17 November 2021




Scrutiny Board brings together the Chairs of the five thematic overview and scrutiny committees at the Council and the Older Peoples’ and Young People’s Champions.  It provides an opportunity for a whole council view of scrutiny activity, which avoids gaps and overlaps and helps establish a lead committee for areas of joint interest.  It also provides a forum in which the key performance issues for the Council can be reviewed and items for further scrutiny identified.


The scrutiny function was created to act as a check on and balance to the executive and it is a statutory requirement for all authorities operating executive arrangements.


Members will be aware that I stood down as the Chairman of Scrutiny Board on 24 August 2021, at which point I took up a position on the Executive.  I had been Chairman of Scrutiny Board since 16 May 2019.  Scrutiny Board continues to play an important role in the co-ordination of scrutiny activity, particularly during a time of such upheaval and change.  I am pleased to note that County Councillor Stanley Lumley was unanimously elected by board members to the position of Chairman through to the end of this Council.


There have been one meeting of Scrutiny Board since my last statement to Council.


The meeting of Scrutiny Board on 19 August 2021 focussed upon the scrutiny of the Q1 Performance and Finance Management Report, ahead of the members of the Board attending the meeting of the Executive on 24 August 2021.  Some of the issues raised at the Executive meeting by members of the Scrutiny Board are highlighted below:


·         A key element of the Council’s Carbon Reduction Plan is greater use of electricity for domestic heating and transport.  There will need to be significant investment in infrastructure, particularly in the more remote rural areas where there is little or no commercial incentive to invest, to enable this.

·         The YorBus Pilot appears to be going well, albeit that it is early days.  Subject to a successful pilot, how widely can or will this new approach to rural bus services be rolled out and influence how public transport is provided.

·         Highways operational data and the DfT highways survey both suggest that the quality of the roads in the county is high and that the highways service responds quickly to concerns raised.  The data is for the county as a whole.  Are there significant variations across the county or across different road classifications (A, B, C and unclassified).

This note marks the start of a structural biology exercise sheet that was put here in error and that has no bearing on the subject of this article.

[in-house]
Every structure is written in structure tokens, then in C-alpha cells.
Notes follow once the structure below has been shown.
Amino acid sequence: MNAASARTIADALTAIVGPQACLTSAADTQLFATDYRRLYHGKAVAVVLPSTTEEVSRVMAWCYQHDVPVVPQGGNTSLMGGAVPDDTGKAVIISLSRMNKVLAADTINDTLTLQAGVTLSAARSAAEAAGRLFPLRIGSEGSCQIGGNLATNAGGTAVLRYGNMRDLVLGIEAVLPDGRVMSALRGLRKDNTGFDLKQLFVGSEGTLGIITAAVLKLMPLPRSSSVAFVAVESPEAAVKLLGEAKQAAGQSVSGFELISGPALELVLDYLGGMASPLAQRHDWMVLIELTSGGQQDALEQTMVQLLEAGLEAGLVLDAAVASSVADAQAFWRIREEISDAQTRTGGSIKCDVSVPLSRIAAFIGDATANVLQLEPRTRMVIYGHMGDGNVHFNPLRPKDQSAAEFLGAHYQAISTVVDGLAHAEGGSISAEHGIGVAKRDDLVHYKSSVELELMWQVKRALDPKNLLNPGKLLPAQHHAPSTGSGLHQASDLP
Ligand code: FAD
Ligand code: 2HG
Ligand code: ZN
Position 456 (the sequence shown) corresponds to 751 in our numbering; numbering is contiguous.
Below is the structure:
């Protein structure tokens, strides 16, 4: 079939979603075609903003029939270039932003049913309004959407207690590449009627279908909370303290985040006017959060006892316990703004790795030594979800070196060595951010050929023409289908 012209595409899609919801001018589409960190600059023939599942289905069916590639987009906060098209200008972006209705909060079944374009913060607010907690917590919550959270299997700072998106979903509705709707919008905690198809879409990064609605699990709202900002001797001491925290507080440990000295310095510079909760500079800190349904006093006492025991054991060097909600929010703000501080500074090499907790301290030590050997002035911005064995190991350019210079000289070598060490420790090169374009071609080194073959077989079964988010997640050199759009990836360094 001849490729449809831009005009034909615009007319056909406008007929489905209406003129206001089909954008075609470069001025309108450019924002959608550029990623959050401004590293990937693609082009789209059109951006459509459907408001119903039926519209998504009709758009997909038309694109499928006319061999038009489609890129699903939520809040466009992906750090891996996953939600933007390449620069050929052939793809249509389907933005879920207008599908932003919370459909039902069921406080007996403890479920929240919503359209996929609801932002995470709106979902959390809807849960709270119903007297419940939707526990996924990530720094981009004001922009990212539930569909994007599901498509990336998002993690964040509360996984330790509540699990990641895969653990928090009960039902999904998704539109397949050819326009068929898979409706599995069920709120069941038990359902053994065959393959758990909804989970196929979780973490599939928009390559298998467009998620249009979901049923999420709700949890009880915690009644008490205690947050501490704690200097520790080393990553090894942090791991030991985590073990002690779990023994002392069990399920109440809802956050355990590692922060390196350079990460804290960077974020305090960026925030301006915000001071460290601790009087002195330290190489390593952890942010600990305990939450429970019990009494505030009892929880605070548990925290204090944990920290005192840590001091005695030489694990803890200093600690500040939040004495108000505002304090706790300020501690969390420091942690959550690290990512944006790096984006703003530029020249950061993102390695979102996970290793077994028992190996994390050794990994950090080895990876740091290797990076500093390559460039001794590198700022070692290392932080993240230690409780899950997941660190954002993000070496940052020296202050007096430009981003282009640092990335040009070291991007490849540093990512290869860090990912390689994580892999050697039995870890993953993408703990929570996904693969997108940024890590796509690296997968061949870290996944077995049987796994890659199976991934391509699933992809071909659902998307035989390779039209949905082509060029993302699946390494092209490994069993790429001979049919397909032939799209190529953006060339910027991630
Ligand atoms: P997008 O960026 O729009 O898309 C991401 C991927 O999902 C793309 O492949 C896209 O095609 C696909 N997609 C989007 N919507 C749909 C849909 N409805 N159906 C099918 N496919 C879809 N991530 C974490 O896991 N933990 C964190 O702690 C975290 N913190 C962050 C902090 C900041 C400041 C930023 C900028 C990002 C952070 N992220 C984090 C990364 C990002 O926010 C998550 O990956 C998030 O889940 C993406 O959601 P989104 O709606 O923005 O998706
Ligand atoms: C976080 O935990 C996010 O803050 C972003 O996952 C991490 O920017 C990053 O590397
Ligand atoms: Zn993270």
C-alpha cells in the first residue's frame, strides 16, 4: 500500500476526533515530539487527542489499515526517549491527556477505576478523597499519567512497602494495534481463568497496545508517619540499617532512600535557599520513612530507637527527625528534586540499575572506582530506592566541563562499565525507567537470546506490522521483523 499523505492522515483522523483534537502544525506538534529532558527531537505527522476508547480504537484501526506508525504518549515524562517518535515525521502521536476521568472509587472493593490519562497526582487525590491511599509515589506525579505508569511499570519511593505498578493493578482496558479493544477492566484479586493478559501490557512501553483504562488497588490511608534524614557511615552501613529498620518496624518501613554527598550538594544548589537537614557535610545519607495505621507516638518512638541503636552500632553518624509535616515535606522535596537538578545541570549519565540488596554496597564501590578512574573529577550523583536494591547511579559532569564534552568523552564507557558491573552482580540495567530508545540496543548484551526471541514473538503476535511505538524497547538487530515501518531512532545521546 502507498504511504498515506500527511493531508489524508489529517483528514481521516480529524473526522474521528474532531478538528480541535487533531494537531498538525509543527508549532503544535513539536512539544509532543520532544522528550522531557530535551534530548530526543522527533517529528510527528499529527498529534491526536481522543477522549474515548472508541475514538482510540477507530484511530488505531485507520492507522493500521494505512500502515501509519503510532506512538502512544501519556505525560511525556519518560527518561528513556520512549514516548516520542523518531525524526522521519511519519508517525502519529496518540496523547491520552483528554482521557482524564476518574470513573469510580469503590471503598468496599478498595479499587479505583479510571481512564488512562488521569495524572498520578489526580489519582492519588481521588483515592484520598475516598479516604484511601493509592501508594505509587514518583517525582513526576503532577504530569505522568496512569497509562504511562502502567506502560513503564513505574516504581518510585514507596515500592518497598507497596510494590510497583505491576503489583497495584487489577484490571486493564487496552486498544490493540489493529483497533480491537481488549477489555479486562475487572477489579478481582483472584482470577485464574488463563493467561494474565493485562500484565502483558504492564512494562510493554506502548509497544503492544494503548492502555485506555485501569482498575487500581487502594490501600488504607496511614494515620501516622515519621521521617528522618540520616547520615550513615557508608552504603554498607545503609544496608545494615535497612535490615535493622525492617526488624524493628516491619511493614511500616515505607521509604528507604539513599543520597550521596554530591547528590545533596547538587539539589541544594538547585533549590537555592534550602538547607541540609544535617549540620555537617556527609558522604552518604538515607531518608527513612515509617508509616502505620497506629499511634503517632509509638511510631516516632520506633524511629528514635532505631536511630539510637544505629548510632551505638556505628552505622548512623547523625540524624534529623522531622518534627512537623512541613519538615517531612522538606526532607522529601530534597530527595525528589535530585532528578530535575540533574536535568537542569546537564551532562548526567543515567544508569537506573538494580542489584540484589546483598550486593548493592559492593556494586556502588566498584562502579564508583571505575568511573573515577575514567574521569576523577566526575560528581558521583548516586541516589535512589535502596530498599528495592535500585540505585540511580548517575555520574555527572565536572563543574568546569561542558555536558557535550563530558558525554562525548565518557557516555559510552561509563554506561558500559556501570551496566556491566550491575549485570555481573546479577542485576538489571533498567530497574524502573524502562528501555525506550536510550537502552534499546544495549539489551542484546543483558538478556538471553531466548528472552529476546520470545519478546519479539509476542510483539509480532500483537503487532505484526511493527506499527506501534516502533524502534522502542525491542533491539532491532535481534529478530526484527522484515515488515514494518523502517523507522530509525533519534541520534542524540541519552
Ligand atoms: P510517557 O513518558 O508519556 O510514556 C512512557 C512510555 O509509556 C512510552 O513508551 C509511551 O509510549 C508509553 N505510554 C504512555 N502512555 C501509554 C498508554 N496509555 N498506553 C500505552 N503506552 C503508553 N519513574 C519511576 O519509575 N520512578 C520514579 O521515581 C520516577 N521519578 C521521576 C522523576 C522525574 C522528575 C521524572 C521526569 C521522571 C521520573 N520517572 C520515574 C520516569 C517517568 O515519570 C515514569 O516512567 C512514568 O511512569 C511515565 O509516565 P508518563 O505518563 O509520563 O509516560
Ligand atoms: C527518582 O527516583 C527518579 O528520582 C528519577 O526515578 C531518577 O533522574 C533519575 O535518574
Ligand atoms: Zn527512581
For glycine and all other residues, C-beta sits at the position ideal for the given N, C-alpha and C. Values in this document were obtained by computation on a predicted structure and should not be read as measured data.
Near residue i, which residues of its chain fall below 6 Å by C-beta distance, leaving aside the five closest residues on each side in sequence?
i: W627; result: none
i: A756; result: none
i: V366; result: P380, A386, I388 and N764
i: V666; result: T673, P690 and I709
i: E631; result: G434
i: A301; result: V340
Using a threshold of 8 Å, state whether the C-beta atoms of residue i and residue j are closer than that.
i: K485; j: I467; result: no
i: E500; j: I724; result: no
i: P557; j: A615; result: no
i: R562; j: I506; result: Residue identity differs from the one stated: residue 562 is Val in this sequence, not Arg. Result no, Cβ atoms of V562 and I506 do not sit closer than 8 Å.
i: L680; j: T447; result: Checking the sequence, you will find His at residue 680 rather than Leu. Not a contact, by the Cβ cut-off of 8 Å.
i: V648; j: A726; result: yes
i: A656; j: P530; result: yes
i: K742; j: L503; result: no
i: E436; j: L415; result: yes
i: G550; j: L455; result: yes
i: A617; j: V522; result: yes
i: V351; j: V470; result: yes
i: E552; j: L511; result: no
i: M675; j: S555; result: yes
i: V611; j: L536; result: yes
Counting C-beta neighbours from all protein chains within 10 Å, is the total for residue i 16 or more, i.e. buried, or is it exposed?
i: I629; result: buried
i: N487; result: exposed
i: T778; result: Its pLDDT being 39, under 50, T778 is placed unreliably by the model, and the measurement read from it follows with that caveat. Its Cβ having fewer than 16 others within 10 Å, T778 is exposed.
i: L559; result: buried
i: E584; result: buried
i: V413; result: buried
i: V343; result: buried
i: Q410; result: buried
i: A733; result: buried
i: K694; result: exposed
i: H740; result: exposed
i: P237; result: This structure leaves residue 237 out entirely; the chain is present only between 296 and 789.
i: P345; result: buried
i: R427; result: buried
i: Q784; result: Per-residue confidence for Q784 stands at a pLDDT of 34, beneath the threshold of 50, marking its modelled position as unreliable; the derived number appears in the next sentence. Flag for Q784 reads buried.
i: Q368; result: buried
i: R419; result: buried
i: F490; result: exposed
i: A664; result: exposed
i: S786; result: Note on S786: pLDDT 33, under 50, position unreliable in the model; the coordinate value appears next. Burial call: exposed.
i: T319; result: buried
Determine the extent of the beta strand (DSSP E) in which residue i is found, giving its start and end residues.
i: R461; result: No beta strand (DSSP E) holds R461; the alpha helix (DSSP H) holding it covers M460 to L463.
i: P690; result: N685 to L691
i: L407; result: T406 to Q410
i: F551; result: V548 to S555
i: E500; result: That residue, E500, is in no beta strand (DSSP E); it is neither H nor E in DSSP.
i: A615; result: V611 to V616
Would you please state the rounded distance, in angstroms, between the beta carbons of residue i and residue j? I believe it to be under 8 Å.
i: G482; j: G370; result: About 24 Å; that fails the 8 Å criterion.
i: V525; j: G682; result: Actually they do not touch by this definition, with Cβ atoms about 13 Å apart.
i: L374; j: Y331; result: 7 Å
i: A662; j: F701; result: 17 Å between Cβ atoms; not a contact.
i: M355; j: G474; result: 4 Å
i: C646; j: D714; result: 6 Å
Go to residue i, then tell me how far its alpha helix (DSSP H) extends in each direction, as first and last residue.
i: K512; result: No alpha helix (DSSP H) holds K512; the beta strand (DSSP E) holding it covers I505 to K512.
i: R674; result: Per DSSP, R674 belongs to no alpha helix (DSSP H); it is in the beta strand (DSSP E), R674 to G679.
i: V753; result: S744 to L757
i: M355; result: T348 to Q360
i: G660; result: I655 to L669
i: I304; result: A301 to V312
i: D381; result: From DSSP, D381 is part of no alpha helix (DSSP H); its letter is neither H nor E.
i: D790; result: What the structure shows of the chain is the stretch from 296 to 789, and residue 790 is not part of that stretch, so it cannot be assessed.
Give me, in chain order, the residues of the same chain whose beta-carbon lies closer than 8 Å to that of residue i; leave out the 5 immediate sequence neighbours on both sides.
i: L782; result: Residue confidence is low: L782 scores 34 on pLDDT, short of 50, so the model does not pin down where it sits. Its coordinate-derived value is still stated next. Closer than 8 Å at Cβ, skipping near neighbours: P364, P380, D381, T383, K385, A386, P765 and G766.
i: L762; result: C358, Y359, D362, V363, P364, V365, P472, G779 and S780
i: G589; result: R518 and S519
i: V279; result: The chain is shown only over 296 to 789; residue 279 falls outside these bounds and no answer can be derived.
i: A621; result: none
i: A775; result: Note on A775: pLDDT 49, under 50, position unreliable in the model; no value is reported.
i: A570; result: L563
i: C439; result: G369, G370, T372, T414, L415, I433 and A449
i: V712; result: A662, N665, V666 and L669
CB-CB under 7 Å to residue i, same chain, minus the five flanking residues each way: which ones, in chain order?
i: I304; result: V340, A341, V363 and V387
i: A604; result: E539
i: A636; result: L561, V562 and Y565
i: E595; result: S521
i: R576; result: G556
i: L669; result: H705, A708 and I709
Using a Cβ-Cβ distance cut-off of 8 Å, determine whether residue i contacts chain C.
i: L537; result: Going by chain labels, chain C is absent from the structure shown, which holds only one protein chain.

·         There are skills shortages across most, if not all sectors of the economy and in particular in health and social care.  What more can be done to attract people to work and live in North Yorkshire, particularly in rural and coastal areas.

·         Is the increase in referrals to the Living Well Service driven by people who were in need but did not seek help during the height of the pandemic, now seeking help and assistance.

·         With the changes to the way that OFSTED inspects schools and the backlog in inspections taking place, do we really know how good our schools are.  What more can we do to understand their performance and to support those that are struggling.



At the meeting of the Scrutiny Board on 19 August 2021, members also discussed the report and recommendations of the Rural Commission.


Members of Scrutiny Board made the following comments, which were then used to inform the report that went to the Executive on 21 September 2021:


·         Investment in the electrical infrastructure in the county is key

·         The use of small hydro-electric schemes to generate electricity for small communities needs to be explored.  This has been missed in the report and will be followed up by the Transport Economy and Environment Overview and Scrutiny Committee

·         The issue of supporting small schools and how you grow or sustain communities in rural areas was not fully addressed in the report

·         The work of the Commission has been innovative but it will need political buy-in for its recommendations to be implemented

·         Concerns were expressed about the recent surge in the number of air-bnbs, in response to the rising demand for staycations, and the impact that this is having upon rural communities where housing is in short supply and often not permanently occupied

·         There is a need to enable rural communities to grow and develop and not simply be kept frozen in time

·         The catchment areas for rural schools could be reviewed so that rural schools admissions are managed in such a way that promotes long term sustainability

·         Consideration may need to be given to long term subsidisation of rural transport, as it is simply not profitable and so unattractive to commercial providers.


The Transport Economy and Environment Overview and Scrutiny Committee is the lead committee for the scrutiny of the report and work of the Rural Commission.


Members of Scrutiny Board are next due meet on 1 December 2021.  At that meeting, the Executive Q2 Performance and Finance Management Report will be scrutinised.




1 November 2021